Daily Archives: May 23, 2007

From Canada: Lambeth invitations exclude American gay bishop

Asked whether the Archbishop of Canterbury ever considered not inviting Bishop Ingham, Mr. Kearon said, “no, it was never considered.”

Bishop Ingham, in a telephone interview, said Bishop Robinson should be invited. “If the archbishop wants to keep everyone at the table, then everyone should be invited. The unfortunate message this sends is that schismatic bishops and primates are welcome but openly gay bishops aren’t.”

Bishop Ingham also said he was surprised that the Lambeth invitations came out before the Canadian church’s General Synod in June, which will consider the issue of same-sex blessings, and before Archbishop Williams’ scheduled meeting with American bishops in September. “He’ll get a very warm welcome there,” he said, wryly.

Mr. Kearon also clarified that the Archbishop of Canterbury did not consider inviting Martyn Minns, the breakaway priest from the Episcopal Church who was recently consecrated bishop and head of the Convocation of Anglicans in North America CANA) by the primate of Nigeria, Archbishop Peter Akinola.

“He (Minns) wasn’t even being considered. He wasn’t eligible to be considered,” he said. “The principle in which he’s not being considered is because the Archbishop has decided that CANA and AMiA (another breakaway group called the Anglican Mission in America) are the same class.” He noted that at the time that AMiA consecrations took place in 2000, then-Archbishop of Canterbury George Carey said that “he couldn’t accept them as regular consecrations; that he would not regard himself as being in communion with the bishops concerned, and the primates agreed to that. The two bodies are in the same position.”

Read it all.

Posted in * Anglican - Episcopal, - Anglican: Latest News, Anglican Church of Canada, Anglican Provinces, Lambeth 2008

House of Deputies President Bonnie Anderson's Statement on the 2008 Lambeth Invitations

From ENS:

House of Deputies President Bonnie Anderson also issued a short statement saying that “the Episcopal Church elects bishops and consents to the election of bishops in a democratic and participatory manner. The process is carried out within our Constitution and Canons, both at the General Convention and in our dioceses. The Rt. Rev. Gene Robinson is a duly elected and consecrated bishop of this Church. Not inviting him to the Lambeth Conference causes serious concern to The Episcopal Church.”

Posted in * Anglican - Episcopal, - Anglican: Primary Source, -- Statements & Letters: Organizations, Episcopal Church (TEC), Lambeth 2008, TEC House of Deputies

Presiding Bishop Katherine Jeffert Schori's Statement on the Lambeth 2008 Invitations

From ENS:

Presiding Bishop Katharine Jefferts Schori sent a short e-mail message to the House of Bishops urging “a calm approach to today’s announcement regarding 2008 Lambeth Conference invitations, a subject on which I plan to make no formal statement at this time. It is possible that aspects of this matter may change in the next 14 months, and the House of Bishops’ September meeting offers us a forum for further discussion.”

Posted in * Anglican - Episcopal, - Anglican: Primary Source, -- Statements & Letters: Primates, Anglican Primates, Episcopal Church (TEC), Lambeth 2008, Presiding Bishop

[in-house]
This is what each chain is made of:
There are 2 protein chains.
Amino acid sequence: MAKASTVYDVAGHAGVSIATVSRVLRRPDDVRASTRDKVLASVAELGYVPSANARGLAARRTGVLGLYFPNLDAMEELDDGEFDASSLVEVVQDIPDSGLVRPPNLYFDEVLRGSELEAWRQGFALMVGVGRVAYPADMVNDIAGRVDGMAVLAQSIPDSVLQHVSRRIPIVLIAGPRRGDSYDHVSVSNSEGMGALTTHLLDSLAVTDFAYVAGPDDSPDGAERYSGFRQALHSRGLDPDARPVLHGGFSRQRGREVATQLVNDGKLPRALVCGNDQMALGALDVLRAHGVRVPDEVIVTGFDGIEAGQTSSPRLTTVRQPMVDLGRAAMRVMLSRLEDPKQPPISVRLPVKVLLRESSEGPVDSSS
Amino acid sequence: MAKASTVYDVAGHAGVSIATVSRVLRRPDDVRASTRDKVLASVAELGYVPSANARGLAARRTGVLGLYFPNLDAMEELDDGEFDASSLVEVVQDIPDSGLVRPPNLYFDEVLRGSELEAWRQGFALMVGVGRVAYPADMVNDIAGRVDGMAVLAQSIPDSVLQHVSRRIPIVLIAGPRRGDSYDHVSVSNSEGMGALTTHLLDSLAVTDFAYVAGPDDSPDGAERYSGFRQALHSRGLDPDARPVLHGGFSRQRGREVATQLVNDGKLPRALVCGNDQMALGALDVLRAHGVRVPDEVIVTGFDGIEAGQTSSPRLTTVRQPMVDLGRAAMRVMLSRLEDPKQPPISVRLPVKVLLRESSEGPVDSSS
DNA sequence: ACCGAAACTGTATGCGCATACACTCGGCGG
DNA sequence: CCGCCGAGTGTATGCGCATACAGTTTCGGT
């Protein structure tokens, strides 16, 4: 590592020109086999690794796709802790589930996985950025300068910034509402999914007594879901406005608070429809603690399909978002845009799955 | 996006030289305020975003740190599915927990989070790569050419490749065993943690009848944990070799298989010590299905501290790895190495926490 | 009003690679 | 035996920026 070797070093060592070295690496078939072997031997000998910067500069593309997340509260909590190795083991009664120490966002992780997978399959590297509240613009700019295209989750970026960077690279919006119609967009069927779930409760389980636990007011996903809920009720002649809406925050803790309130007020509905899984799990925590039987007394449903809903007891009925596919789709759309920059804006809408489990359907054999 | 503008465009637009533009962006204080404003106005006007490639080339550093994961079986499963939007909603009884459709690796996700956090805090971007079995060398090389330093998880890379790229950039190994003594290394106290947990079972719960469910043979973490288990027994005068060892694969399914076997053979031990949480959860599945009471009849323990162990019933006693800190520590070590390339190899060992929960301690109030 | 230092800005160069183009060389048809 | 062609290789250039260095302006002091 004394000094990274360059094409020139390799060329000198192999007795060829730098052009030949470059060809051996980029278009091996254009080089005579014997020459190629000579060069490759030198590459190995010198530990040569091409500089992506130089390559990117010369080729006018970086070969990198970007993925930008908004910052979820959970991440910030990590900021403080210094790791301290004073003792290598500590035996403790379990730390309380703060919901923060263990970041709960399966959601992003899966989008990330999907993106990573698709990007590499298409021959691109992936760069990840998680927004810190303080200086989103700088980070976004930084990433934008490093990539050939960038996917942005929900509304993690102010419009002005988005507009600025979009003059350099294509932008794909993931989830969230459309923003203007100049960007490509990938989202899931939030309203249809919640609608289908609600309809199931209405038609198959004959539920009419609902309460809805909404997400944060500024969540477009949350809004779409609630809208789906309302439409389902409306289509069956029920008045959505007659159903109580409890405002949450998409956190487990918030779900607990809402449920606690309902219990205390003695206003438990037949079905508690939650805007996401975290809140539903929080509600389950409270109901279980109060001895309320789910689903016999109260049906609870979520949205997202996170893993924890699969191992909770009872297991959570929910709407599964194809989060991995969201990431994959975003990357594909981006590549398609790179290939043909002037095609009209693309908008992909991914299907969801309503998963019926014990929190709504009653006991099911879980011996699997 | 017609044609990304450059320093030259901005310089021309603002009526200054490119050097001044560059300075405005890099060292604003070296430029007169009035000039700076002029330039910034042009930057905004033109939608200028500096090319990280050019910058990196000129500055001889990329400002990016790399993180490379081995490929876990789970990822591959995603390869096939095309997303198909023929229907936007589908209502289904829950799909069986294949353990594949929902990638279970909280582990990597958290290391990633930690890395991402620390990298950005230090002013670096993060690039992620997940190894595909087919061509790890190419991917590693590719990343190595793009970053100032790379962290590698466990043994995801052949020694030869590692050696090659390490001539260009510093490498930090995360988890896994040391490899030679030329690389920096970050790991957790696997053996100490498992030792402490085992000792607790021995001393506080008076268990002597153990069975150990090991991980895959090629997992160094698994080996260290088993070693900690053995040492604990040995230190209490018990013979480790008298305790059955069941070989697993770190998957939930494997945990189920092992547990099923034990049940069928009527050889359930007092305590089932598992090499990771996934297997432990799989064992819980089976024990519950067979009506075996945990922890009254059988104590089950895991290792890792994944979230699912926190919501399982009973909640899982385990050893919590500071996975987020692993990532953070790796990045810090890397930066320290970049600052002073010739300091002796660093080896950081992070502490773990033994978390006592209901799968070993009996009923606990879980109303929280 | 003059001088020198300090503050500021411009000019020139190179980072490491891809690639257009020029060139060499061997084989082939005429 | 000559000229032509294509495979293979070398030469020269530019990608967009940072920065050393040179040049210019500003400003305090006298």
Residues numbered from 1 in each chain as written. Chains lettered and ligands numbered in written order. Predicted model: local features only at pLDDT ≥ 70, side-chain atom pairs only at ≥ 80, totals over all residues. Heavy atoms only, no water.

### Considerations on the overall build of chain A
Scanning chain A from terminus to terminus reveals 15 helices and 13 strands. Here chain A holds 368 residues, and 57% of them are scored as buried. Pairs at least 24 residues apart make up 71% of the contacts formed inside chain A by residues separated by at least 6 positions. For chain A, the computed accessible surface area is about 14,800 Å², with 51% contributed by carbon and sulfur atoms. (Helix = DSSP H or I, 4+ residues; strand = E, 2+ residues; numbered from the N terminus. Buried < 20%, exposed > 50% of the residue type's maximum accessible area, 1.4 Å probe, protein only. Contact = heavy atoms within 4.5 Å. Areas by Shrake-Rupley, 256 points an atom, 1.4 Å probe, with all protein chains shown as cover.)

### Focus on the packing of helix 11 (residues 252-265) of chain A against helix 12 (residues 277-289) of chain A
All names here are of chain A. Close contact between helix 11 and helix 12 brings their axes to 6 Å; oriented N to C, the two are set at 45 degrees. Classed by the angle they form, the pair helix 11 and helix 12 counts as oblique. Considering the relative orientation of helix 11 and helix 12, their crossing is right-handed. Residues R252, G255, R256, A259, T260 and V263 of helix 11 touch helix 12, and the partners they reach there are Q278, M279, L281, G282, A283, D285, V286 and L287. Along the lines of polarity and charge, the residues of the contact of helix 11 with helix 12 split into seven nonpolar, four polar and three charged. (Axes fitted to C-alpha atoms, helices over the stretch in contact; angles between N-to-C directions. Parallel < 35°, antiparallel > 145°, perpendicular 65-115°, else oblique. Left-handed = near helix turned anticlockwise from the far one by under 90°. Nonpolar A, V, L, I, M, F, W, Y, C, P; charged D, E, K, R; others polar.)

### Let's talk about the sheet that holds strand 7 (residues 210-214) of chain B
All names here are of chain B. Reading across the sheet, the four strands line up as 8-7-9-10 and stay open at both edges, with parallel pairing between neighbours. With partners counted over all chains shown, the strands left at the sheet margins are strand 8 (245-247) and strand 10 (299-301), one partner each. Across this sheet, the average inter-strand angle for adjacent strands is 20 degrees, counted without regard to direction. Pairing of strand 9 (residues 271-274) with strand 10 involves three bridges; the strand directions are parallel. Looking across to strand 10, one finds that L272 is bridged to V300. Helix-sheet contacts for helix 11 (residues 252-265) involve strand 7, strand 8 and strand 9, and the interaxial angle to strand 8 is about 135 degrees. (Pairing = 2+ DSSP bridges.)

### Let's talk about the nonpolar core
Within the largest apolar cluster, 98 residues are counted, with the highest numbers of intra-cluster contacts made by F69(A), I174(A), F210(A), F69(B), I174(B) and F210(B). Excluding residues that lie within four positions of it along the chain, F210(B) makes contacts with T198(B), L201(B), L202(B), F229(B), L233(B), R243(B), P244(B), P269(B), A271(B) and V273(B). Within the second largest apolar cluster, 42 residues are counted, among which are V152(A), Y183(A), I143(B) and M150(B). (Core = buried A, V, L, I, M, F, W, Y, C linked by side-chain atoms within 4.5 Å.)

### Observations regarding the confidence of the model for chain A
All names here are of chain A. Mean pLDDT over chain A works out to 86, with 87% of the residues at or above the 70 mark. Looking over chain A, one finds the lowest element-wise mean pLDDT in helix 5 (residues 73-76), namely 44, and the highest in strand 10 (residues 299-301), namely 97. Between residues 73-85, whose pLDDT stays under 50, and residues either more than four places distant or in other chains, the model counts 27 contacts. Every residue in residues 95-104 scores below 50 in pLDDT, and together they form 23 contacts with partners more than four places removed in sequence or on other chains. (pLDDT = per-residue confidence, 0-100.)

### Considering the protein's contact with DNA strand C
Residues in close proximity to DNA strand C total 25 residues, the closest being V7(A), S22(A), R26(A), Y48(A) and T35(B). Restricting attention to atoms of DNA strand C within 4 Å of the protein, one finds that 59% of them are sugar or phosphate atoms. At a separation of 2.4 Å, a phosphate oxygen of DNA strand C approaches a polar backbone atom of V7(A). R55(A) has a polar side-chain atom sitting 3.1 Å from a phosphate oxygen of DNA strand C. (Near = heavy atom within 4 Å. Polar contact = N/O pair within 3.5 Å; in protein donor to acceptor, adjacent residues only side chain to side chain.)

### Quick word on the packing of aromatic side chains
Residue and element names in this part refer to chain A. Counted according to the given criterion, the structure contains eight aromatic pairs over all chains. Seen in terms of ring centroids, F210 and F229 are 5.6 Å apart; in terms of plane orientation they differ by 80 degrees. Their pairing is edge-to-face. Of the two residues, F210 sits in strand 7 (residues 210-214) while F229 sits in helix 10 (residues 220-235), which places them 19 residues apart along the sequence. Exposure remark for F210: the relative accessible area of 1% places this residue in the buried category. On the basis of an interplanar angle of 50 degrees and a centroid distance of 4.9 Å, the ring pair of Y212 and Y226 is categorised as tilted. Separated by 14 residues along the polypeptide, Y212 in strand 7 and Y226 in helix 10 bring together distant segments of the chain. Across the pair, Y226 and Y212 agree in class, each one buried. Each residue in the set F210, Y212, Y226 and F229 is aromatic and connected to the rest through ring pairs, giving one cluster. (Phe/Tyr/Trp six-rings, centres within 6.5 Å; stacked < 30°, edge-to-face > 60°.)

Bishop Marc Andrus: The Most Noxious Point of the Windsor Report Becomes Reality

The ground-breaking work of Rene Girard has revealed the mechanism of scapegoating. Girard teaches that Jesus and the Hebrew prophets began loosening the chains of scapegoating. This action of isolating Bishop Robinson is retrogressive, taking us backwards to a shadowy, scary place from which we have already been delivered by Christ and the Prophets.

The isolation and exile of Bishop Robinson has implications for the Communion too, within the larger framework of scapegoating. A former Archbishop of Canterbury, Robert Runcie, once said that if you touch one bishop of the Anglican Communion, you touch them all. This refers to the idea that bishops represent the unity of the Church. The bishop as a symbol of unity is usually understood at the level of a diocese, but there is a larger horizon of meaning – when we look at one bishop our spiritual vision can see all bishops everywhere, for the unity represented is most importantly the unity of the Church throughout the earth.

The isolation and exile of Bishop Robinson rebukes the bright vision of the unity of the Church, and subsitutes the mechanism of the diabolic, the shattering of communion and integrity. I cannot overemphasize how important it is to meet this action on our Archbishop’s part with the weapons of the spirit. I will be praying that my response and our response will be in solidarity with Bishop Robinson, mindful of our relatedness worldwide, full of shalom, and creative, in the manner of Jesus Christ.

Read it all.

Posted in * Anglican - Episcopal, - Anglican: Commentary, - Anglican: Primary Source, -- Statements & Letters: Bishops, Episcopal Church (TEC), Lambeth 2008, TEC Bishops

Integrity Canada Responds to the news of the Lambeth 2008 Invitations

Although disappointed that the Archbishop of Canterbury has decided to withhold an invitation to the 2008 Lambeth Conference of Bishops from the only openly gay bishop in the Anglican Communion, members of Integrity Canada are relieved the invitations come before the June meeting of the General Synod of the Anglican Church of Canada at which resolutions about homosexuality will be discussed.